14

Hej, im currently trying to get AudioRecord to work. Because I need it in a bigger project. But it seems to mess up a lot. I have been trying alot of things, so I went back to basic when I traced this bug. I am using my Samsung Galaxy S as my debugdevice.

My problem is, first time after a reboot of my device I can initialize the AudioRecord object I create without problems. But the second time I run it, it won't initialize the AudioRecord object. I have tried several frequencies, fyi.

Here is my code:

package android.audiorecordtest;

import android.app.Activity;
import android.media.AudioFormat;
import android.media.AudioRecord;
import android.media.MediaRecorder;
import android.os.Bundle;
import android.view.View;
import android.view.View.OnClickListener;
import android.widget.Button;
import android.widget.TextView;

public class AudioRecordTest extends Activity {

    int frequency;
    AudioRecord audRec;
    TextView txtVw;

    /** Called when the activity is first created. */
    @Override
    public void onCreate(Bundle savedInstanceState) {
        super.onCreate(savedInstanceState);
        setContentView(R.layout.main);
        txtVw = (TextView) findViewById(R.id.txtVw);


        frequency=8000;
        int bufferSize=(AudioRecord.getMinBufferSize(frequency, AudioFormat.CHANNEL_IN_MONO, AudioFormat.ENCODING_PCM_16BIT))*2;
        if (bufferSize>0) {
            audRec = new AudioRecord(MediaRecorder.AudioSource.MIC, frequency, AudioFormat.CHANNEL_IN_MONO, AudioFormat.ENCODING_PCM_16BIT, bufferSize);
                int status = audRec.getState();
        if (status == AudioRecord.STATE_INITIALIZED) {
            txtVw.setText("Initialized" + frequency);
        } else {
            txtVw.setText("Not Initialized i=" + frequency);
        }
        }

After a few hours of looking through logcat information i found this event

    02-28 10:46:37.048: DEBUG/dalvikvm(4477): GC_EXPLICIT freed 1801 objects / 98944 bytes in 97ms
02-28 10:46:37.048: VERBOSE/AudioRecord(4477): stop

Which seems to "release the native hold on the AudioRecord. So i tried doing an override of finalize with my Audiorecord object.release(). This didnt work though.. Anyone have any idea?

3
  • I'm really wondering why no one have any answers, is it because you guys can't recreate the problem, or because people just can't be bothered to help, or ? Commented Mar 7, 2011 at 8:36
  • For those of you stumbling upon this, make sure you have the record permission!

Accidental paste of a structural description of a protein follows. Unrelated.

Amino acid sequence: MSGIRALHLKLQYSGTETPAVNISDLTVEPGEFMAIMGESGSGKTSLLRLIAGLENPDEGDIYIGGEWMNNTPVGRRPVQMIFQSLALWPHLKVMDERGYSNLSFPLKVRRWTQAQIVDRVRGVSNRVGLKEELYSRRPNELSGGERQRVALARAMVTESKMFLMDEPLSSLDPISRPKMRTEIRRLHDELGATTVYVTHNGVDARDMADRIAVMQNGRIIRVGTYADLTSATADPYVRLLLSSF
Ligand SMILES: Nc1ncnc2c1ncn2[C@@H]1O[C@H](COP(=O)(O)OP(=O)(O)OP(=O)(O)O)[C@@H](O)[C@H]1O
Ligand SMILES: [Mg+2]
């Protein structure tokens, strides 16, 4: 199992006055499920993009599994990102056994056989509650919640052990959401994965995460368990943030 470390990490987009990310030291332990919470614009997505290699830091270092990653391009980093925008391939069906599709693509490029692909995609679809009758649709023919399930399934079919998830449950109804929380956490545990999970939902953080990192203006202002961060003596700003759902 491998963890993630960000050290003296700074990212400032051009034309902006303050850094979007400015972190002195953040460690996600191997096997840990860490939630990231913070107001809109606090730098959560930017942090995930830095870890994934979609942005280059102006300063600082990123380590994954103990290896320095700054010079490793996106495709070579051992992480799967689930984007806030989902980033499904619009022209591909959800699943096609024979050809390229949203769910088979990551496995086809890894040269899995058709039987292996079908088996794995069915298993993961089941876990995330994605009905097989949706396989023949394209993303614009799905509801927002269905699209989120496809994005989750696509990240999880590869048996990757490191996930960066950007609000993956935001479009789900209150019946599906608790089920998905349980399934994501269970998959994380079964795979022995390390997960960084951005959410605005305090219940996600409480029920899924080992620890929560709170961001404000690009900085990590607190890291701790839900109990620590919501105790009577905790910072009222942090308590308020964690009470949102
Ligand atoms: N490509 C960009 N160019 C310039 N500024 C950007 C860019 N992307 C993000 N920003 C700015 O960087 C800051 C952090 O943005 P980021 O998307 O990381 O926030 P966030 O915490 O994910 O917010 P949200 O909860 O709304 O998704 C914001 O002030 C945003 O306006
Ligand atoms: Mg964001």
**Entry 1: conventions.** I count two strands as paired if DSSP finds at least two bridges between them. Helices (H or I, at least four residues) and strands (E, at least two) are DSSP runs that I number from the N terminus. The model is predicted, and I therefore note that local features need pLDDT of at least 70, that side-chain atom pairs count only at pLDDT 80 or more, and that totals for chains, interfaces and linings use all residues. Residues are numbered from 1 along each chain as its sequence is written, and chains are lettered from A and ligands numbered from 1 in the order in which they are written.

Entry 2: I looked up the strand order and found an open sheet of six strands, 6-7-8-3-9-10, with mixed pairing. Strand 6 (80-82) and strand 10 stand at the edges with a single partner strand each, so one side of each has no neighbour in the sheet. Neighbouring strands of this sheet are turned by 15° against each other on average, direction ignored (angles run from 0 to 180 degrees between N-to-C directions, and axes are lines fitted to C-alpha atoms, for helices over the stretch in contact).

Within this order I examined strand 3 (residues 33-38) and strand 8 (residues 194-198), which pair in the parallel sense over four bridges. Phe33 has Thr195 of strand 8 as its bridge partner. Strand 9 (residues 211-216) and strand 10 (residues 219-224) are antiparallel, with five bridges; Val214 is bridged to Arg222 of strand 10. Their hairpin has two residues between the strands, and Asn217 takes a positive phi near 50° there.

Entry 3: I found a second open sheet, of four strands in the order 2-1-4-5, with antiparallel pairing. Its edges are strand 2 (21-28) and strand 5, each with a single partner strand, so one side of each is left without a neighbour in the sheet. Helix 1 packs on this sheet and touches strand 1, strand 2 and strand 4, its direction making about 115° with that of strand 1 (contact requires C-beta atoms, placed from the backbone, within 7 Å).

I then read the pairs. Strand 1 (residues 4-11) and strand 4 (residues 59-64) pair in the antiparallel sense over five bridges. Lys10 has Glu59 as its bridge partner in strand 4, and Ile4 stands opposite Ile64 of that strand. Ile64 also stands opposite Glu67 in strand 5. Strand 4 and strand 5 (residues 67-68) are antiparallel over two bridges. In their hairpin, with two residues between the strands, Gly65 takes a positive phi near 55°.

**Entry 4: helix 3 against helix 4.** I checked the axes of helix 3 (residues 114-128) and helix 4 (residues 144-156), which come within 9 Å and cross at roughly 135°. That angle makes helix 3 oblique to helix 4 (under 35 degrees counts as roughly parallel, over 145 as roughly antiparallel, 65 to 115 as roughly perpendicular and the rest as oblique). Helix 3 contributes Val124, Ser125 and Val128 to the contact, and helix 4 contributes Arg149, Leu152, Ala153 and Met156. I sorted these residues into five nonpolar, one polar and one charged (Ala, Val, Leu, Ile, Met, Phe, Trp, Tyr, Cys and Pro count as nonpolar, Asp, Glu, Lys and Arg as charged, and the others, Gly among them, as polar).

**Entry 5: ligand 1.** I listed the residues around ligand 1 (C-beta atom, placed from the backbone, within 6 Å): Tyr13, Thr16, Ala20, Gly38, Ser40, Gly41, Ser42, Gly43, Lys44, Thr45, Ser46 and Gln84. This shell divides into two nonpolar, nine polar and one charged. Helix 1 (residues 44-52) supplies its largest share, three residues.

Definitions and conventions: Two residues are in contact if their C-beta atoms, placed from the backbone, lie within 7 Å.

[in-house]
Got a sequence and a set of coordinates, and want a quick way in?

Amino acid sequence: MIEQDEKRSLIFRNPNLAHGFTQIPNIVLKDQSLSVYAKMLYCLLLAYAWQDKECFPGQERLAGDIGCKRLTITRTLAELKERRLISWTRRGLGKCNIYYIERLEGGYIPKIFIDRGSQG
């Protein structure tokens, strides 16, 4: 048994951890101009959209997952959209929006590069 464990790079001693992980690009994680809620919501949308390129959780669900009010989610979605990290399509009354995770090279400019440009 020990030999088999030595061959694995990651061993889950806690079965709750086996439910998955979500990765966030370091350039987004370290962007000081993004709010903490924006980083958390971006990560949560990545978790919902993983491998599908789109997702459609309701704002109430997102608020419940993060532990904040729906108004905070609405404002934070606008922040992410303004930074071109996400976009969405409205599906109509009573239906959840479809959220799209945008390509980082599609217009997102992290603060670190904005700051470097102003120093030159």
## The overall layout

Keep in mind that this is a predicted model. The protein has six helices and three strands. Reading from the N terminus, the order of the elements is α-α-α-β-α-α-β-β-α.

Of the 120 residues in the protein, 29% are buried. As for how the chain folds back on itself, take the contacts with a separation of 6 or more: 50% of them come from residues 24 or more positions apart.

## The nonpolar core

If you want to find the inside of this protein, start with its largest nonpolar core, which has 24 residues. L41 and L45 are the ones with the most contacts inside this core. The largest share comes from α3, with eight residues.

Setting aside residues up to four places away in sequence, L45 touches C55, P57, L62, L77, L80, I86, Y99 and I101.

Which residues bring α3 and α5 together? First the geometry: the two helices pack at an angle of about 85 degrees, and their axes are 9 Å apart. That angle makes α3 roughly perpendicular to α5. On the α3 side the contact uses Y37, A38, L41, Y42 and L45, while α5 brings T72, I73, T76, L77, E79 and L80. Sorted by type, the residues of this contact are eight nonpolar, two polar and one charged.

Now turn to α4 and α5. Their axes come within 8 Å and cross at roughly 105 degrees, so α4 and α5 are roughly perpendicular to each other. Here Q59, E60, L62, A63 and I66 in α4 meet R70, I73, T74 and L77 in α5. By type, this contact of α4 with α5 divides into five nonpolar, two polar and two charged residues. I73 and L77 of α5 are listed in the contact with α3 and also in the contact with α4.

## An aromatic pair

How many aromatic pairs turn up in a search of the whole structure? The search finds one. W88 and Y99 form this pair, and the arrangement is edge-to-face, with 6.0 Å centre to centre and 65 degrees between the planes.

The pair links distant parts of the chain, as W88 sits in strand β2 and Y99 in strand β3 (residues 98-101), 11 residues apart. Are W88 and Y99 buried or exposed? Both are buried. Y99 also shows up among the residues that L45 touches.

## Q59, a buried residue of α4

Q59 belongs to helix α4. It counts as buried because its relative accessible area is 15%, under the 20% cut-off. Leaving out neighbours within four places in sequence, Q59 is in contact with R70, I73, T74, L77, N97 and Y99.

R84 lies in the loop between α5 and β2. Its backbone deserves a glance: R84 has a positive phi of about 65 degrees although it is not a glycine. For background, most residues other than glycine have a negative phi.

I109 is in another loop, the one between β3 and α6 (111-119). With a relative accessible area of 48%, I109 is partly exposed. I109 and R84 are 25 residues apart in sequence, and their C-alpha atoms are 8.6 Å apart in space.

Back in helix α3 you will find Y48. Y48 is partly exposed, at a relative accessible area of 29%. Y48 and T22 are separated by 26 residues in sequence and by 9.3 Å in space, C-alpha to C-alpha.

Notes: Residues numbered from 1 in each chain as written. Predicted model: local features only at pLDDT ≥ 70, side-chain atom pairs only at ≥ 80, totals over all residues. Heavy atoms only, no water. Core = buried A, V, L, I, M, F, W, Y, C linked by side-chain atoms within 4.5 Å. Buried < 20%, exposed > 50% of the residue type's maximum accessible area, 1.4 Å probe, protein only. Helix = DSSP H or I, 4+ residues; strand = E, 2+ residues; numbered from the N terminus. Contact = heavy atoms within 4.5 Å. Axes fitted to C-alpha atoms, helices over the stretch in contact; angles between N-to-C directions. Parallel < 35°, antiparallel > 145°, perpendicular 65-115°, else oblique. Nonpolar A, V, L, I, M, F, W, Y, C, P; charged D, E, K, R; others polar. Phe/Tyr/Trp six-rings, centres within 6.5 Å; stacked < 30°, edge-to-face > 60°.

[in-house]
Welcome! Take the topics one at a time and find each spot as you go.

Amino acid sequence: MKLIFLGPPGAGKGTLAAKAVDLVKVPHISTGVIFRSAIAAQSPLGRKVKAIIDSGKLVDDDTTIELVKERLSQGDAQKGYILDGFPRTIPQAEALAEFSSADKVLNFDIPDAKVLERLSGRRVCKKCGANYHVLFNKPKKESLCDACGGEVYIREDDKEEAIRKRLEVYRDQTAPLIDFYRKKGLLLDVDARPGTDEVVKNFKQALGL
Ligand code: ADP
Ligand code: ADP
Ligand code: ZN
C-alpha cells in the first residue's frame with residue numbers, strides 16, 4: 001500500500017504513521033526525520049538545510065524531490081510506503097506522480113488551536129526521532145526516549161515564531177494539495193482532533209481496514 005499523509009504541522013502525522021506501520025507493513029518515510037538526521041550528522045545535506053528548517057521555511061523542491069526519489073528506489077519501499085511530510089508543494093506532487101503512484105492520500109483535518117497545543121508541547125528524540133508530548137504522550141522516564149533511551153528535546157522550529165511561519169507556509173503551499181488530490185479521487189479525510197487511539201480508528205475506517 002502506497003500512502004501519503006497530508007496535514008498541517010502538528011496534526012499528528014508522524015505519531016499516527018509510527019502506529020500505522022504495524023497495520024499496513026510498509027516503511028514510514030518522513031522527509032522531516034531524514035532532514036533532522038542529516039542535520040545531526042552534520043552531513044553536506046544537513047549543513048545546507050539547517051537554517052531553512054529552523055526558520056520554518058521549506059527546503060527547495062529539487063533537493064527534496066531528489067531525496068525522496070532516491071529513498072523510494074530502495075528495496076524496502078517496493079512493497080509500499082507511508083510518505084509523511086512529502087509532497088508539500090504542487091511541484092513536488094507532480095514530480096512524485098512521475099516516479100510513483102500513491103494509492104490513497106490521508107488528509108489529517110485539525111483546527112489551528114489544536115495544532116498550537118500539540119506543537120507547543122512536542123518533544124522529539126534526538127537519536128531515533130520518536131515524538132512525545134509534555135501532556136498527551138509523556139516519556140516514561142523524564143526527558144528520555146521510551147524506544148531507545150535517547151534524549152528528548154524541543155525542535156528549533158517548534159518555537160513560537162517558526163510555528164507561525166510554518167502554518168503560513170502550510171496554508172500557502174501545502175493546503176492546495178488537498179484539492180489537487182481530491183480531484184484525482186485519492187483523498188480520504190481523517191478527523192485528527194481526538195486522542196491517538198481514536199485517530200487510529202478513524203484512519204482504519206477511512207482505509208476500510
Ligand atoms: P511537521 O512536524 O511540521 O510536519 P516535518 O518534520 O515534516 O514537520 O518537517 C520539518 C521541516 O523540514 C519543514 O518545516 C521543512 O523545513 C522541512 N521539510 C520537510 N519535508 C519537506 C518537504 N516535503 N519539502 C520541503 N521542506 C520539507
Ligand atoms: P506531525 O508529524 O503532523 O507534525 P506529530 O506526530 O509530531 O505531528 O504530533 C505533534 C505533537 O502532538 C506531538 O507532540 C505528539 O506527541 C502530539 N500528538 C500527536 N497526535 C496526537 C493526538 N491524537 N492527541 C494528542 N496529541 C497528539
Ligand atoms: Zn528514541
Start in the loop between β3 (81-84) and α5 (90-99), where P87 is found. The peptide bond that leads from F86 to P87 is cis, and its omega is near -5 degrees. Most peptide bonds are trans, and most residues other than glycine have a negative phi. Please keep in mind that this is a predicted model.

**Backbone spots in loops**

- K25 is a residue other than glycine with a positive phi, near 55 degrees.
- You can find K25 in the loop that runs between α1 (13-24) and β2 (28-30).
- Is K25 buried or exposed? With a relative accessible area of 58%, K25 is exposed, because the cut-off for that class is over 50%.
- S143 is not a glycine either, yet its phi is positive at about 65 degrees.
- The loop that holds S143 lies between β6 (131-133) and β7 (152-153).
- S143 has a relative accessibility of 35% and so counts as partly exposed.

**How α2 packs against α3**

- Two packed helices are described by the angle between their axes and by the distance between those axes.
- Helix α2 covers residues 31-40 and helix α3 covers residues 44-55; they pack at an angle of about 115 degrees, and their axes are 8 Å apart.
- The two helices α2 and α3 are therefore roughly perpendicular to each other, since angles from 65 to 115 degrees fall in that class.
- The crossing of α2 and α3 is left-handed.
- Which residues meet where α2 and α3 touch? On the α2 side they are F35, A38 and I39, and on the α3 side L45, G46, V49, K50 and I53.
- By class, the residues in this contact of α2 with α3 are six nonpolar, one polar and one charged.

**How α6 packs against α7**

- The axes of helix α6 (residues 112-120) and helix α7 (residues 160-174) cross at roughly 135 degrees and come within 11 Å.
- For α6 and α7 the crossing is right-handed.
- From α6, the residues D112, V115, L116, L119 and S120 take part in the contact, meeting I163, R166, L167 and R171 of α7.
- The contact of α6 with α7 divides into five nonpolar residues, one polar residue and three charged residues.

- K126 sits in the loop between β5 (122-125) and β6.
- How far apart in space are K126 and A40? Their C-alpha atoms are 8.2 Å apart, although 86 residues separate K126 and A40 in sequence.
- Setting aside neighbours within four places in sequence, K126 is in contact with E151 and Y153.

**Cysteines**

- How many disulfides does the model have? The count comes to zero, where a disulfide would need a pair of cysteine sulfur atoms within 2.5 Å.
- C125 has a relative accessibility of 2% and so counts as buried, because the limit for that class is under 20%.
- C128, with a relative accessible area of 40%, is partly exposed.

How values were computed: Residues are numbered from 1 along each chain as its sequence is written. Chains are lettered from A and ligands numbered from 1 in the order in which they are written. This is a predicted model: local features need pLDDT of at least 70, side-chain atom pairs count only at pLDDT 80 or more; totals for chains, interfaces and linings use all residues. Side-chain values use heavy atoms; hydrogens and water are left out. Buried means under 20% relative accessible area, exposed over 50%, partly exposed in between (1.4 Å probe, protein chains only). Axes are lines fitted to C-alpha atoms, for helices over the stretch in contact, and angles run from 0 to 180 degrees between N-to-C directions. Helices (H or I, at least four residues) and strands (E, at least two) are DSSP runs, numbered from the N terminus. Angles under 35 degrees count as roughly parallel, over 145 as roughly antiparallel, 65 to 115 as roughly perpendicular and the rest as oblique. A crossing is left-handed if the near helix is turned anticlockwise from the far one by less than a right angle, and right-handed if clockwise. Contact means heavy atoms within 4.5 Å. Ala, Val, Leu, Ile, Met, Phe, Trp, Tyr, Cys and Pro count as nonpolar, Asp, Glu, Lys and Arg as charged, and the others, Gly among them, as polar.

– NateS
    Commented Jan 1, 2012 at 5:45
  • 1
    @NateS if you dont have the record permission then it wont even initialize the first time as my question title clearly states :) But yes if someone only have the problem with first initialization attempt then they should check their permissions in AndroidManifest.xml Commented Jan 6, 2012 at 9:59

5 Answers 5

12

I was able to reproduce your problem (on a Samsung phone). I added an onDestroy() method releasing the record:

@Override
public void onDestroy() { 
    super.onDestroy();
    System.out.println("OnDestroy");
    audRec.release();
}

After adding this, the audioRecord seems to initialize correctly every time the activity is started.

1
  • 1
    +1 For me, I needed the onCancelled() method of an AsyncTask, but I don't know how I'd have got to the bottom of the issue without this. Thanks. :)
    – Michael
    Commented Aug 20, 2013 at 15:47
6

I had the same problem, usually the audRec.release() helps indeed, but if you need to stop and start several times the following code is more robust. Plus, I had an issue that the recording took place in a separate thread and Android sometimes kills threads when running for a long time. So take a look at this code, it makes sure the recording is held even when the other thread is dead and upon the following audRec.start() it stops and releases:

import android.media.AudioFormat;
import android.media.AudioRecord;
import android.media.MediaRecorder; 

public class RecorderSingleton {

    private static final int FREQUENCY = 16000;

    public static RecorderSingleton instance = new RecorderSingleton();
    private AudioRecord recordInstance = null;
    private int bufferSize;

    private RecorderSingleton() {
        bufferSize = AudioRecord.getMinBufferSize(FREQUENCY, AudioFormat.CHANNEL_IN_MONO, AudioFormat.ENCODING_PCM_16BIT);